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Issue #1775      May 3, 2017

Regional Australia

Real jobs plan needed

Community and Public Sector Union (CPSU) representatives appeared before the Senate Finance and Public Administration committee on April 11 looking into a recent government decision to relocate the Australian Pesticides and Veterinary Medicines Authority (APVMA) from Canberra to Armidale, NSW.

The CPSU is opposed to the move and has called for the decision to be reversed.

Hearing highlighted many problems with the decision with many stakeholders expressing concerns including staff, scientists, industry representatives and other experts.

The union points out that the whole inquiry underlines the fact the Turnbull government has no real national plan for regional public services and jobs.

The CPSU was represented by Nadine Flood (national secretary), Rupert Evans (deputy secretary) and CPSU workplace delegate and regulatory scientist Ron Marks.

The following is Nadine Flood’s statement.

The Community and Public Sector Union represents people working in the Australian Public Service, including in the Australian Pesticides and Veterinary Medicines Authority. Our community legitimately expects that government provide properly resourced, transparent and accessible public services that support people, industry and the national interest. Our community also expects legitimately that government locate jobs in regional communities as well as capital cities to support local people and local communities. It is a concern we share.

The APVMA is the Australian government authority responsible for the assessment and registration of pesticides and veterinary medicines. Our members in the APVMA value and take pride in the work they do.

It is work that is incredibly important to human and animal health, agribusiness, agricultural workers and the profitability of primary production generally. Indeed it is difficult to think of an agricultural industry function that is not impacted on by the important work that dedicated APVMA staff and our members do every day: from assessing the cancer risk to farmers and farm workers when they use certain chemicals, to assisting with the voluntary recall of contaminated agvet chemical products, to ensuring Australian primary producers do not miss out on using the latest products facilitating increased crop yields.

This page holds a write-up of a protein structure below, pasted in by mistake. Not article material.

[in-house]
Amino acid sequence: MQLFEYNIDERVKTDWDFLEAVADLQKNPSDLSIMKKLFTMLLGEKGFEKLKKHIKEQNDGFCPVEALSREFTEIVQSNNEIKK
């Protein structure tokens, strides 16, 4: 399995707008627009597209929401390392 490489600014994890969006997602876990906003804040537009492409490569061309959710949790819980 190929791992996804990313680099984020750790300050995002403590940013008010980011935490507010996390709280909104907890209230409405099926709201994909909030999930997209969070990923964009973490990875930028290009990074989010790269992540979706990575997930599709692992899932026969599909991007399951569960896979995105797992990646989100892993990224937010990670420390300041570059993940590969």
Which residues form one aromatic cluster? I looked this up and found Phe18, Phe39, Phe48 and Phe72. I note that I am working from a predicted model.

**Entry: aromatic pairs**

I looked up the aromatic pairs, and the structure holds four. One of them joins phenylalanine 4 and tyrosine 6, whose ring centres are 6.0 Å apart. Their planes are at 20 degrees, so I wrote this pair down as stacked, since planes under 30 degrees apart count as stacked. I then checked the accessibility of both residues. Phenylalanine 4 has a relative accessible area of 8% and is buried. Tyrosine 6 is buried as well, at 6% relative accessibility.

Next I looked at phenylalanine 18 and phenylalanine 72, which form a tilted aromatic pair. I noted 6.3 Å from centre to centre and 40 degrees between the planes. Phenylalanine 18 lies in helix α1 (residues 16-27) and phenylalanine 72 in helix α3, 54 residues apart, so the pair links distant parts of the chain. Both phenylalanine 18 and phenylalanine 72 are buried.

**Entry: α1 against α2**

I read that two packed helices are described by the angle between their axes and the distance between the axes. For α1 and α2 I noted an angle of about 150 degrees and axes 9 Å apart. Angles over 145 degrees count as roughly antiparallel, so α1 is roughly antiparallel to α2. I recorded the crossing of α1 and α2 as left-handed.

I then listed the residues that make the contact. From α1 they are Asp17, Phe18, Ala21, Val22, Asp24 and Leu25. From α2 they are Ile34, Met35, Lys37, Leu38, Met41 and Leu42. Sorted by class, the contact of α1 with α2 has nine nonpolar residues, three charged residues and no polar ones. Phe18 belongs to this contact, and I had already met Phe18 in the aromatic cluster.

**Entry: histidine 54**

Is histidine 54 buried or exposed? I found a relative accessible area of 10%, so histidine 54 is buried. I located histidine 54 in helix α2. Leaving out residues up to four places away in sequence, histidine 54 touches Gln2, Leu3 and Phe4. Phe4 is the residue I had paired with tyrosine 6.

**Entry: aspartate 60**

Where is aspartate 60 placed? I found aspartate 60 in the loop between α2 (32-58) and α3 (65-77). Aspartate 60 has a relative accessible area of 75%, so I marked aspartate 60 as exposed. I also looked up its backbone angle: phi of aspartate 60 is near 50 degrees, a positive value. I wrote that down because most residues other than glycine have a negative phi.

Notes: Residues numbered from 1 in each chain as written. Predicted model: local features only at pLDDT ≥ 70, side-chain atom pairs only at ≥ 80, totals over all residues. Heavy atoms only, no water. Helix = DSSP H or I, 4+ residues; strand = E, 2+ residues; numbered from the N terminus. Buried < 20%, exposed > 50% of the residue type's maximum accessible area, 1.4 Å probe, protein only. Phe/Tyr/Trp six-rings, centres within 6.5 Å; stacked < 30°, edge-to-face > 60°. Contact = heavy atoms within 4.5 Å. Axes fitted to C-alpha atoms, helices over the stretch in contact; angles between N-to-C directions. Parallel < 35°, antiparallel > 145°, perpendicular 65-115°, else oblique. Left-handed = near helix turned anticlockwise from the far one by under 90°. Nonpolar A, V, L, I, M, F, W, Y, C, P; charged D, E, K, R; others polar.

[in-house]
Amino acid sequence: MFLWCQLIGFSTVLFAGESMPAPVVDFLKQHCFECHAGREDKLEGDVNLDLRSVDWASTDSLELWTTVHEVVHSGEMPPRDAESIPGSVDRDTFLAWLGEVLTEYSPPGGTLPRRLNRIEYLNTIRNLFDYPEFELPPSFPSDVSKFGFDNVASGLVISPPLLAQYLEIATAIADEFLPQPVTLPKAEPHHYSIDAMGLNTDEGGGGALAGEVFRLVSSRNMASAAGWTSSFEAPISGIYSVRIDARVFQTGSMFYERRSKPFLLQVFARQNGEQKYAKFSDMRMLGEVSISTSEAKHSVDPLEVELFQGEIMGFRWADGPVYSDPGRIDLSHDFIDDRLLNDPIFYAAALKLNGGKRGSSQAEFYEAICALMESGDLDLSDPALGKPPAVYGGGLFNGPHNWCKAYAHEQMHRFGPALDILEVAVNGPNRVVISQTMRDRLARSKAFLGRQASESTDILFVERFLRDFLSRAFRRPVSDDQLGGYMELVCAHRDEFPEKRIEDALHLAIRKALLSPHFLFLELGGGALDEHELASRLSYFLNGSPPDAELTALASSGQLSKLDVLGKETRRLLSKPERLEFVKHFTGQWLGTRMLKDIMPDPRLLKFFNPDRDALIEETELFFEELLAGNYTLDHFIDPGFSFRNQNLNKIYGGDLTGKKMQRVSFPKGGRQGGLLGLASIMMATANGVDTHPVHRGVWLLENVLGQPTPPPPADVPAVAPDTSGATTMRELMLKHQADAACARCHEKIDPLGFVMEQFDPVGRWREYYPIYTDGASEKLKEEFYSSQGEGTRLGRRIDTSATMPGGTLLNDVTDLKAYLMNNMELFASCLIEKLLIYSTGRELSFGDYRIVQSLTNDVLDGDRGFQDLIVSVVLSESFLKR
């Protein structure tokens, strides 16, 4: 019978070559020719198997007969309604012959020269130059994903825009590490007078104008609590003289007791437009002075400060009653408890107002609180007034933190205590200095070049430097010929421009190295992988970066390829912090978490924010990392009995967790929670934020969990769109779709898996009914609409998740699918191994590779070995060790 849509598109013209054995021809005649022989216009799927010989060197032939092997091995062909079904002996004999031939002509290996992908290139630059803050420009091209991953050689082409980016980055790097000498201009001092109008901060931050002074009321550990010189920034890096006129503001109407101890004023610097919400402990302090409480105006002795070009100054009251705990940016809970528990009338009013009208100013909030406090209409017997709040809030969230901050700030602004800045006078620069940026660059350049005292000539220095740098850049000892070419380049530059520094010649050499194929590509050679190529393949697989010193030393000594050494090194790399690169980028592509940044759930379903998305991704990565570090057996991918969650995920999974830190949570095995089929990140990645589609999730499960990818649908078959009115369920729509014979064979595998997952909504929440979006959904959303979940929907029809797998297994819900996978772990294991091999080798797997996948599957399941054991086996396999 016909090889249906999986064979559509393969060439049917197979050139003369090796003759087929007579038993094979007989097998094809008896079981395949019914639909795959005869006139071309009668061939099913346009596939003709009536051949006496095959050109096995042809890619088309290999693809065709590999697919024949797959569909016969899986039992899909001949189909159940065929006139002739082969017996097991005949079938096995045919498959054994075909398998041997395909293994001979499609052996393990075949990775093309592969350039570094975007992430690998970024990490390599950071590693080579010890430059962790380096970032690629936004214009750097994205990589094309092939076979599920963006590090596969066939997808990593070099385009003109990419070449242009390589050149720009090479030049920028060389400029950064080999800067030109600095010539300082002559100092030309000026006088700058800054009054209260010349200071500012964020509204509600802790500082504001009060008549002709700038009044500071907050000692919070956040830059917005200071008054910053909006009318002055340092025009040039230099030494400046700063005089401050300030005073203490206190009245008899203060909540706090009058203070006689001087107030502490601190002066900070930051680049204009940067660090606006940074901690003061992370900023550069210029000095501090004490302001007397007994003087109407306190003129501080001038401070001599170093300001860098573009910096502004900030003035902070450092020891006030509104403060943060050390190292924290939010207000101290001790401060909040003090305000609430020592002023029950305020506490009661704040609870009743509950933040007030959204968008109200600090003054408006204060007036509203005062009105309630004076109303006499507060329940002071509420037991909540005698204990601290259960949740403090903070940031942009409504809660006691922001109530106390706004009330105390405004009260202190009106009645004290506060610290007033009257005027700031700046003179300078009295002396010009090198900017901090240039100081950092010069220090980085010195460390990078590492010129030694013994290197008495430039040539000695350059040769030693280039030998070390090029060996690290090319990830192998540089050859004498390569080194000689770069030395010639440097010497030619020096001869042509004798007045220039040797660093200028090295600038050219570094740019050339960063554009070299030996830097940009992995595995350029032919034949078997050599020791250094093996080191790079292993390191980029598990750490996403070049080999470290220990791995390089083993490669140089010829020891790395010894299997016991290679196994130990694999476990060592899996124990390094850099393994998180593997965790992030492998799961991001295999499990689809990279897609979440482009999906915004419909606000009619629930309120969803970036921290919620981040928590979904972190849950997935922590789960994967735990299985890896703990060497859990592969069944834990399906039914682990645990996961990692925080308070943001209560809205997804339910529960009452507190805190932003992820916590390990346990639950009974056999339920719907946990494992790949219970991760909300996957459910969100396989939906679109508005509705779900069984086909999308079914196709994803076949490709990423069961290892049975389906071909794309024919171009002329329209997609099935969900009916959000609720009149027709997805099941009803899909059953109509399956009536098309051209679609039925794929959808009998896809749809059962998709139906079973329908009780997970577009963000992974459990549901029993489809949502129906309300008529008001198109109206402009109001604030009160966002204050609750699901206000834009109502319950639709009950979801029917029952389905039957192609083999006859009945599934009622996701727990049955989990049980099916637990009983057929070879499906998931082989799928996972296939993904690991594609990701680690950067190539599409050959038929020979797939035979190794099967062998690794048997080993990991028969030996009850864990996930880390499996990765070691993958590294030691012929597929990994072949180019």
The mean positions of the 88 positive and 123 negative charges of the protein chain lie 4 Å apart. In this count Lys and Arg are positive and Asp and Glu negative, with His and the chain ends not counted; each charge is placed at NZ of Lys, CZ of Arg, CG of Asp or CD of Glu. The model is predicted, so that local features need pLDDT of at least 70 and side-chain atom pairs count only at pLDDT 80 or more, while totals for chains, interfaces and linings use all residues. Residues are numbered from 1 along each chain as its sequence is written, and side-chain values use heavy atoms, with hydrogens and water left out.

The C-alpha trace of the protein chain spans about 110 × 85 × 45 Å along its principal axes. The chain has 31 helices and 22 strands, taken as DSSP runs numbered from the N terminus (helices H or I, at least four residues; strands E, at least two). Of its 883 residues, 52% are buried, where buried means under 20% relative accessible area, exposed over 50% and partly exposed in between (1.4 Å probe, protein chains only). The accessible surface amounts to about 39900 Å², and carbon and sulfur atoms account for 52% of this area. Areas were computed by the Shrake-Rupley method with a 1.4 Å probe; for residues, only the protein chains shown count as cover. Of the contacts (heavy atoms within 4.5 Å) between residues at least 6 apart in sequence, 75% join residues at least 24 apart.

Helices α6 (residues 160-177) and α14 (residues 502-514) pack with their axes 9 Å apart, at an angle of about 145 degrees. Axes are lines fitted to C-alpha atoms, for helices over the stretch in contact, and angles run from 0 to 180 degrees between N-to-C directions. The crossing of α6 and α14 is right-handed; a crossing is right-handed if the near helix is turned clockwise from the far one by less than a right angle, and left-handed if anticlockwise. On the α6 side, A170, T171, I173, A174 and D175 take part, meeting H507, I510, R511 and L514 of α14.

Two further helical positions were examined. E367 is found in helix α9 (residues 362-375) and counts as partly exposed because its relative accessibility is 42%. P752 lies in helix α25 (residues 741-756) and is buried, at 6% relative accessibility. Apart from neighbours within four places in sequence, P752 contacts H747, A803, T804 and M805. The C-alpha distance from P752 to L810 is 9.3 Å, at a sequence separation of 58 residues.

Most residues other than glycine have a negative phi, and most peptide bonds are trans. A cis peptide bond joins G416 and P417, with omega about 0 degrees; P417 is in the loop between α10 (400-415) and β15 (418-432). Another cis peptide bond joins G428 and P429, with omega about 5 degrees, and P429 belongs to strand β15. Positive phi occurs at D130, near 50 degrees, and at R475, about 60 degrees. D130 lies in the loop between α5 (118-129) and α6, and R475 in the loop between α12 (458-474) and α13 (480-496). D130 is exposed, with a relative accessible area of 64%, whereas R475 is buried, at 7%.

Unfortunately, we appear here today to say that the APVMA is an agency that has been damaged. Highly valuable skills are being lost every day as staff leave the organisation to find stable, in most cases Canberra-based employment. Service standards are falling and the cost to industry is rising, as is the real consequential stress on the APVMA staff left behind.

Indeed, there are very real prospects and fears that the compulsory move of this agency to Armidale and the means by which it is being done will lead to short- and long-term damage to the agricultural economy and producers of products for use in agribusiness. Those are concerns held by our members. Due to the way the move of the APVMA is being handled, staff morale is low and falling. The ongoing uncertainty is having a corrosive effect, with 90 percent of CPSU members indicating they have negative feelings towards the move.

Since the announced move to Armidale, many experienced staff have left. From July 2016 to mid-February 2017, 48 staff left the organisation – almost a third of their 176 employees – and the same number the previous financial year. Twenty of those leaving since the middle of last year were regulatory scientists, and the government lost in this case a total of 204 years of experience, which is a very large loss in a small organisation. In particular the loss of 20 out of 100 regulatory scientists has created a significant skills gap. The loss of experienced regulatory scientists does not just affect work but has meant the APVMA cannot train effectively those replacements.

The loss of staff has been particularly felt in the pesticides assessment area, which is understaffed. Unsurprisingly, pesticides approvals dropped significantly in the December quarter, with only 50 percent within time frame. The high levels of staff attrition from the relocation make it harder for the APVMA to perform its functions.

There continue to be backlogs of applications, with one in four assessments overdue at the end of the December quarter, and there are expectations of increased applications. The increasing queries about late finalisation have only worsened the situation, as regulatory scientists are taken away from completing their assessments. That means this agency is increasingly placed by government in the position of struggling to make the best of a very poor public administration decision process.